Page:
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How to Help Your Child to Develop a Skin Care Routine

When children are young, the skin care routine that is so important for the treatment and prevention of flares of atopic dermatitis (AD) falls to the parents and caregivers. However, as children grow older, the responsibility of the care of their skin can shift to them. In fact, teaching older children how to responsibly care for their skin, treat acute signs of AD, and prevent future flares is important for their health and well-being. While many children outgrow AD and experience remission, some children experience recurrences of AD into adulthood. Teaching older children with AD healthy skin care habits now can help them reduce symptoms and learn how to manage their condition.

Bathing or showering

Older children who bathe themselves should be aware that warm, not hot, water is best for AD. Hot water can trigger itching and dry out skin and should be avoided. Daily bathing is best to help hydrate the skin as well as remove any bacteria or other microorganisms that can cause infection. Soaking baths for 10-20 minutes are recommended to rehydrate the skin. Baths and showers should be kept short. Cleaning the skin should be done with a mild soap that is fragrance free and with a neutral or low pH, or with a non-soap cleanser, as harsh soaps can trigger AD.1-3

Moisturizing the skin

Children should be encouraged to use moisturizers regularly, as the use of moisturizers is one of the most important aspects of caring for skin with AD, regardless of the severity of the disease. Moisturizers help repair the damaged skin barrier of skin affected by AD and help increase the hydration of the skin. Treating dry skin with moisturizers can also help control the intense itch caused by AD. Moisturizers should be applied often enough that dry skin is minimal. It is especially important to apply moisturizers immediately after bathing, when the skin is still damp. This helps seal the water into the skin.4

Avoiding irritants

Irritants are substances that irritate the skin. Children may be aware of some substances that irritate their skin.

It’s also important for them to be aware of common irritants to avoid, such as:

  • Wool clothing
  • Man-made or synthetic fibers, such as rayon, acrylic, nylon, polyester, spandex, or modacrylic (often used in children’s sleepwear to be flame-resistant)
  • Soaps or bubble bath, particularly those that change the skin’s natural pH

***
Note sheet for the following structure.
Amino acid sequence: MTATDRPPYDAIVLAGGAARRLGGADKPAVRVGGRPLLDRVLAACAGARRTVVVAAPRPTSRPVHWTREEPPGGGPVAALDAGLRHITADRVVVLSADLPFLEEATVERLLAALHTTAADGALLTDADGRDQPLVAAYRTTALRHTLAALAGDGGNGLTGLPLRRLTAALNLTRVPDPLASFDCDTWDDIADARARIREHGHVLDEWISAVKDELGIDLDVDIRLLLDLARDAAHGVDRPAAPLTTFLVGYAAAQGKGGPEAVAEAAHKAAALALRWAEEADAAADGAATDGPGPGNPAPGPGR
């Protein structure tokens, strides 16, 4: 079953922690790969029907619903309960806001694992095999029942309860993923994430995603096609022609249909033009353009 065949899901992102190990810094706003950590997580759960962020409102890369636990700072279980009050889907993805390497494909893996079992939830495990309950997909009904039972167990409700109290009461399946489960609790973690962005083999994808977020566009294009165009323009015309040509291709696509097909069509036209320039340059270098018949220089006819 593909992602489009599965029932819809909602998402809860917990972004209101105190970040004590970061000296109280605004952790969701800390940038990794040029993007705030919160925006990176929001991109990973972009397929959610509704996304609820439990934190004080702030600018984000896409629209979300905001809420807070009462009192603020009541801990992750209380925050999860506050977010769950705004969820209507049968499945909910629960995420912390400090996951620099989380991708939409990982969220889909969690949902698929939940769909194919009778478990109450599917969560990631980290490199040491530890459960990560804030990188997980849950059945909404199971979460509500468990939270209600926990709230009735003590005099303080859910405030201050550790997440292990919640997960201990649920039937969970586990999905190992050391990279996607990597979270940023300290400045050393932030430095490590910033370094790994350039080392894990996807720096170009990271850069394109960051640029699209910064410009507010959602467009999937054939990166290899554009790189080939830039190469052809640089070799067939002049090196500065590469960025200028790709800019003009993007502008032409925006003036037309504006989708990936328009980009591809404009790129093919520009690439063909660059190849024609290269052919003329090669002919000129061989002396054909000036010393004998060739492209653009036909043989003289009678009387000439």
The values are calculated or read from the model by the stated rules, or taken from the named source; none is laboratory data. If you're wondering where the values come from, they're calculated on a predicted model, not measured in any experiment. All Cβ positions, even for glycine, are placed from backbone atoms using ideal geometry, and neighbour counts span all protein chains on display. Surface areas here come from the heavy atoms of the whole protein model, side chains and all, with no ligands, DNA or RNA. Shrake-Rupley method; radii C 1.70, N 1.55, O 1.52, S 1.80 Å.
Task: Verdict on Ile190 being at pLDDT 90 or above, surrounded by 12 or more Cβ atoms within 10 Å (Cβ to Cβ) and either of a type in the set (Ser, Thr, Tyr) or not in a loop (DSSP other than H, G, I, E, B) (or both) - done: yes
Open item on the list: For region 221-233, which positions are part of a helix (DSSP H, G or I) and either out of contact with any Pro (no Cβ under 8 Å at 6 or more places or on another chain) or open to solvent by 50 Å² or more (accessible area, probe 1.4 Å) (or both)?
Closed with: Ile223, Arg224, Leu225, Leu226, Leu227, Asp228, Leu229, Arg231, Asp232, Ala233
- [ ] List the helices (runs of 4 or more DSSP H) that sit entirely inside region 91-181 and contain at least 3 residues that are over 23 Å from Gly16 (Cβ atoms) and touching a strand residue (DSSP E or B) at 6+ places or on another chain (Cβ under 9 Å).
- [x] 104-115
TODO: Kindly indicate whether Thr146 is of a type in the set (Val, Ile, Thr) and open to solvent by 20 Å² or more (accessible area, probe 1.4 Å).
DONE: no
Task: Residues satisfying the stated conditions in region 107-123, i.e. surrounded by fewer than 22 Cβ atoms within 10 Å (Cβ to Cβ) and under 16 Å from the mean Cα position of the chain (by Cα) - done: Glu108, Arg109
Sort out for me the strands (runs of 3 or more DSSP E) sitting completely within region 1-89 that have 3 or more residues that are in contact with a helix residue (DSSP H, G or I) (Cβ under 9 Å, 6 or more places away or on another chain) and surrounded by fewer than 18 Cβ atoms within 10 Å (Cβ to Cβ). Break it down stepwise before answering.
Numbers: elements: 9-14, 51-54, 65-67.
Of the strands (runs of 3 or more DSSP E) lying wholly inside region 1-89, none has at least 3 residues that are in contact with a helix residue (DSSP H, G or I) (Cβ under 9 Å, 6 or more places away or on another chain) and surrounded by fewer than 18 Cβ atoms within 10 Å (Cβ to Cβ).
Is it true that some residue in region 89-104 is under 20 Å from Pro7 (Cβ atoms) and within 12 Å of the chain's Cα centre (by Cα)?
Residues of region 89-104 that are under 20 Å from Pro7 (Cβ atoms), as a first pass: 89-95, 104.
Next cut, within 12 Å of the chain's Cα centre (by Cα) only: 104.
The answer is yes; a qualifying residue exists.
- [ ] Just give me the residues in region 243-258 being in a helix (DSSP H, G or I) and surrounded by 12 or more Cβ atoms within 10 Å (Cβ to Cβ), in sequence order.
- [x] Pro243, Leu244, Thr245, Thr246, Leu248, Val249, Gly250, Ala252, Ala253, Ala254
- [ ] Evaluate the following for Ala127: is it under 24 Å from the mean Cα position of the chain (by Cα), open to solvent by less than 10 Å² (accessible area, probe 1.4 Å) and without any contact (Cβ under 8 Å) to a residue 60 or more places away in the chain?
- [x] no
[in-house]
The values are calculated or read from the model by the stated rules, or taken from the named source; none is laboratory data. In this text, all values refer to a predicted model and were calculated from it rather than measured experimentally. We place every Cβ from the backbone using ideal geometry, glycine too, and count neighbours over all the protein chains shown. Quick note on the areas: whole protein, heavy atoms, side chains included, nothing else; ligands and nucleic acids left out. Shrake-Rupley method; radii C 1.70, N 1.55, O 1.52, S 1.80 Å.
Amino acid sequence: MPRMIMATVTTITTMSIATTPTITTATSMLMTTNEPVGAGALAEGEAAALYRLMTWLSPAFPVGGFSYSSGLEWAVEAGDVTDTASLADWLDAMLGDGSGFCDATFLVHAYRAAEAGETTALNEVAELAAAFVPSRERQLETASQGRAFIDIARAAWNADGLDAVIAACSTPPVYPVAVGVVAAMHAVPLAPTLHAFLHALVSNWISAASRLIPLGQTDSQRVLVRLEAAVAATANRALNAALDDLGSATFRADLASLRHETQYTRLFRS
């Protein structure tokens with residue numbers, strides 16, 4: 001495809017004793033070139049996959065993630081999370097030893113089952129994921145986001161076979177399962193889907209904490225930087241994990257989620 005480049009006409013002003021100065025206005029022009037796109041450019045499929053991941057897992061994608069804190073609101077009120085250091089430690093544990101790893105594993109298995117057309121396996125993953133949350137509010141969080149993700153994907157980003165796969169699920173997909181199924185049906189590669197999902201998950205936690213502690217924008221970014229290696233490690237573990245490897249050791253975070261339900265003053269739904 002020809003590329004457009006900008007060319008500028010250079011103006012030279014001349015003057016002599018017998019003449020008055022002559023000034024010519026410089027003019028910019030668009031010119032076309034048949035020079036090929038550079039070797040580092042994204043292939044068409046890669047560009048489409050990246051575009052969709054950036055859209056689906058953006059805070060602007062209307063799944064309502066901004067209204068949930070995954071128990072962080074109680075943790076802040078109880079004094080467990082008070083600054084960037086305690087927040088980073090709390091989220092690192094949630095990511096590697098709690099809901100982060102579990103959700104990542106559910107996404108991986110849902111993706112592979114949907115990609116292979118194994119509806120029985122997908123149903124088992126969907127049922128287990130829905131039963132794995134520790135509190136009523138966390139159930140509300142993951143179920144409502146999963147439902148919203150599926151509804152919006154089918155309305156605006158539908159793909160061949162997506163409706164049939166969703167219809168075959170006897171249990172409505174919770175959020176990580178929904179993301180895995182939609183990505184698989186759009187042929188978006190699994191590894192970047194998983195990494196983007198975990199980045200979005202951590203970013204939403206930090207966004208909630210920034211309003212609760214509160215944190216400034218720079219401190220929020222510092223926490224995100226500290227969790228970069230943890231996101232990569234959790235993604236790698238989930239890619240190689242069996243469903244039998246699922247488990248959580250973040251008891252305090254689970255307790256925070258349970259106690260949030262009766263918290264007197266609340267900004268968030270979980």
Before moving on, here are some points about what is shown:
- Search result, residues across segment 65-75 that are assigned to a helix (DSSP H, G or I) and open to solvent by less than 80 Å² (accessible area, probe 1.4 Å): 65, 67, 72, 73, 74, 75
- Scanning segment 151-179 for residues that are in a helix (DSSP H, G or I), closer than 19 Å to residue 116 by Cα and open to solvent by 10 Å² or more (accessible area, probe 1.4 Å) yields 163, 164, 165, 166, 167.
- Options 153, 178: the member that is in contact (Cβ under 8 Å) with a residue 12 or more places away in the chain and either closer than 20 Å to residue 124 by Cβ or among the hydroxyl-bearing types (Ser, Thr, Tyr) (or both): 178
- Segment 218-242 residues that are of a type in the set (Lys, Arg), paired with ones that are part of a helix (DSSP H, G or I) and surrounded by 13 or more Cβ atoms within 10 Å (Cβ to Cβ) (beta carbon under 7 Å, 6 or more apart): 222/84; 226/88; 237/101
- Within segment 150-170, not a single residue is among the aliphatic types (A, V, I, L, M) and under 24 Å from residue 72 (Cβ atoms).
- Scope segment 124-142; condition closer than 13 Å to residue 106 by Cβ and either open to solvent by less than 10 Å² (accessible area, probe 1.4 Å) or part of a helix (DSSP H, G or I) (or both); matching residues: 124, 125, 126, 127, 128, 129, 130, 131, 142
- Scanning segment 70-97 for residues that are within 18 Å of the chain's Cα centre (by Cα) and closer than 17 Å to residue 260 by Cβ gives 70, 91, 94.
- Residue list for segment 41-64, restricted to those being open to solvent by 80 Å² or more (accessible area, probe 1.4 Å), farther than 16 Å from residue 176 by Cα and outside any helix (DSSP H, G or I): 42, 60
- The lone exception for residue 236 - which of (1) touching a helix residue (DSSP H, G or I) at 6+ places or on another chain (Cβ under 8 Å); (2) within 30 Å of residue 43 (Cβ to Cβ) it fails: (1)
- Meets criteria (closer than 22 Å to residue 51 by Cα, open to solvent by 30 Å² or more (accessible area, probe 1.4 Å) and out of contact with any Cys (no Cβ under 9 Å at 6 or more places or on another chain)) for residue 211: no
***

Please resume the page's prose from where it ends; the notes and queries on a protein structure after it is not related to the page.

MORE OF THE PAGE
• Some laundry detergents
  • Cleaning solutions, including dish soap, disinfectants, or surface cleaners
  • Cosmetics
  • Perfumes
  • Chemicals like chlorine, mineral oil, or solvents
  • Dust or sand
  • Cigarette smoke5-7

Avoiding irritants may involve wearing clothes from natural fibers, avoiding certain perfumes or cosmetics, and wearing rubber gloves when cleaning with detergents.8

Avoiding scratching

The itch associated with AD is the most prevalent and distressing symptom, and both the symptom of itching and the scratching it provokes significantly contribute to the burden of AD. Children with AD should be advised to avoid the triggers for itch, including dry skin, hot baths or showers, sweat left on the skin, emotional stress, and irritants. Nails should be kept short to reduce further damage to areas of skin affected by AD. There are also medications that can help reduce itching and inflammation.9

Encouraging medication usage

As children get to an older age, they may become responsible for applying their own medications. Parents can help encourage proper usage and remind children of the importance of using medications as directed to minimize flare-ups and severity of AD.

Emily Downward | June 2017
  1. Chiang C, Eichenfield LF. Quantitative assessment of combination bathing and moisturizing regimens on skin hydration in atopic dermatitis. Pediatr Dermatol. 2009 May-Jun;26(3):273-8.
  2. Lyons JJ, Milner JD, Stone KD. Atopic dermatitis in children: clinical features, pathophysiology, and treatment. Immunol Allergy Clin North Am. 2015;35:161-183.
  3. Medscape. Accessed online on 4/10/17 at
  4. Eichenfield LF, Tom, WL, Berger TG, et al. Guidelines of care for the management of atopic dermatitis. J Am Acad Dermatol. 2014;71:116-32.
  5. Atopic dermatitis fast facts, National Institute of Arthritis and Musculoskeletal and Skin Diseases. Accessed online on 4/4/17 at
  6. Man made fiber, Britannica. Accessed online on 4/4/17 at
  7. National Eczema Association. Accessed online on 4/4/17 at
  8. American Academy of Allergy, Asthma & Immunology. Accessed online on 4/4/17 at
  9. Yarbrough KB, Neuhaus KJ, Simpson EL. The effects of treatment on itch in atopic dermatitis. Dermatol Ther. 2013;26:110-119.